Aya Takano unleashes her imaginary trappings of the Western science fiction and Japanese manga and anime in her wonderfully peculiar visions on her canvases. It is one that is inhabited by playful but innocent prepubescent girls who recovers the memories from Takano's lucid dreams of worlds beyond reality, where the subjects are always somewhat familiar but the vivid landscape borders on hallucinations and dreams.
Painted in 2000, Fallin' Manma: Air (Lot 1348) is a scene of peculiar perspective view of a topless figure either falling or floating amongst two airplanes in an aerial ground of optimistic yellow and blue. In the Post-World War II decades of Japan, the influences of the dynamic, futuristic alluring worlds of sci-fi novels and manga served as an instrument of spiritual recuperation and invigoration for the nation. Illustrated on the cover of Hot Banana Fudge, the image is poignant for its use of subtle juxtapositions that remain the hallmark for Takano's works. On one hand, the gravity-resistant realm offers a space for freedom and serenity; one another, the imagery of falling figures from the sky and what could be symbolic of fighter planes at war, somehow speaks of an underlying violence and dystopia embedded in the contemporary psyche.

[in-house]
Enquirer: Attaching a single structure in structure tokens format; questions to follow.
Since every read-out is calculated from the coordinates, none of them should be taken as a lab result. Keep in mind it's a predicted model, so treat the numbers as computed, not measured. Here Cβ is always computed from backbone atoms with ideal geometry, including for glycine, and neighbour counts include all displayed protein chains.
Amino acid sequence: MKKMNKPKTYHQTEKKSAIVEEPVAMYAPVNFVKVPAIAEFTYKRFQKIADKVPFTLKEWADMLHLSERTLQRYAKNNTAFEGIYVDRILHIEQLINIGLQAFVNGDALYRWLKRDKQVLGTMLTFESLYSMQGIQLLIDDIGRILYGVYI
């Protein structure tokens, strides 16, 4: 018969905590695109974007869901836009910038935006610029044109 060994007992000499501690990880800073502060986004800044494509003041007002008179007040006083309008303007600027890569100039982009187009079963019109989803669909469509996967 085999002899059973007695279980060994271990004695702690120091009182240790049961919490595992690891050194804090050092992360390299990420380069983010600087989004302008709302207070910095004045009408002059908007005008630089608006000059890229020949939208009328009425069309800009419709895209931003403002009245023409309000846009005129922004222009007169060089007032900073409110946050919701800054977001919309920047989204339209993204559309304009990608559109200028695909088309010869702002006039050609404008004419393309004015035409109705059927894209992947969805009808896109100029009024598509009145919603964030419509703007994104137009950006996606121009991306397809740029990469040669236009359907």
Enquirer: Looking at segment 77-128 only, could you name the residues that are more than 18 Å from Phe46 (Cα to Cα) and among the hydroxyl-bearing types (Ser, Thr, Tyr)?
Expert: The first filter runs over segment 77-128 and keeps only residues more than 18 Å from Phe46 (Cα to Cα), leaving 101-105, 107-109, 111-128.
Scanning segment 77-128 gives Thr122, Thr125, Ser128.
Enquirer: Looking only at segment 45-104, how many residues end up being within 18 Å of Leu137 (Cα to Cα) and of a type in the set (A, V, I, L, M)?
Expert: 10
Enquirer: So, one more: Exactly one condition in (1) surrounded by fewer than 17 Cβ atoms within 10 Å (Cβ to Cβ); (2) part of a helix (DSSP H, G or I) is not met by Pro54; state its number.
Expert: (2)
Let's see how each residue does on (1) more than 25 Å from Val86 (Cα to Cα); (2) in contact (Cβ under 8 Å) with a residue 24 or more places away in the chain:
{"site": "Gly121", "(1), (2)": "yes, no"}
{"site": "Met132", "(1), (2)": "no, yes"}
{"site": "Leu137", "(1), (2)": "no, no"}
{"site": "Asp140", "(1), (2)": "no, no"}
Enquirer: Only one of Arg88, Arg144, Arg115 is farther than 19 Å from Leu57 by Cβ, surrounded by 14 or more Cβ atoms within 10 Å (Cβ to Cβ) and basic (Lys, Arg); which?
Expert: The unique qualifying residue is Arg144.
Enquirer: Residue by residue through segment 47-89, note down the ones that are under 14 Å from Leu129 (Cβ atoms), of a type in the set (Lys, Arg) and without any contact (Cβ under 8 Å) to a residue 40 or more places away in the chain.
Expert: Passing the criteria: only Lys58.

A cluster of fireworks, that girl (Lot 1350) depicts doe-eyed girl with lips pursed, standing brazenly in her underpants, holding a Noh theatre mask of an old woman. Such reminder about the transience of youth and beauty recalls themes most exploited in the two-dimensional world of ukiyo-e prints. As if caught in between acting roles, the girl poses in the subtle theatrics of black backdrop, radiating clusters of fireworks from her frail body, underlining a certain subversion that jars with the impression of gentleness expressed in the muted colours and light touch.
Tilted at its corner, the canvas of Sweetness in the Darkness (Lot 1349) is a transpiration of Aya's imagined world of limitless bounds that speaks of the simple pleasures in indulgence and hidden desires. Though stripped bare to her near naked form, the girl is endearing rather than sexual in her innocence and satisfaction of indulging her sweet tooth among her elusive friends of morphing anamorphic, abstract shapes in dark space. The whimsical details of cherries, trinkets and toys of candy-toned forms wholly illustrate the embodiment of the culture of girl-centric cuteness, or kawaii-ness, pervading in contemporary Japanese society. It is this unique capacity in evoking visceral experiences of momentary escape and collective solace through her endlessly rich pictorial world of undeniable creative genius that has continue to propel Takano at the forefront of Japanese contemporary art.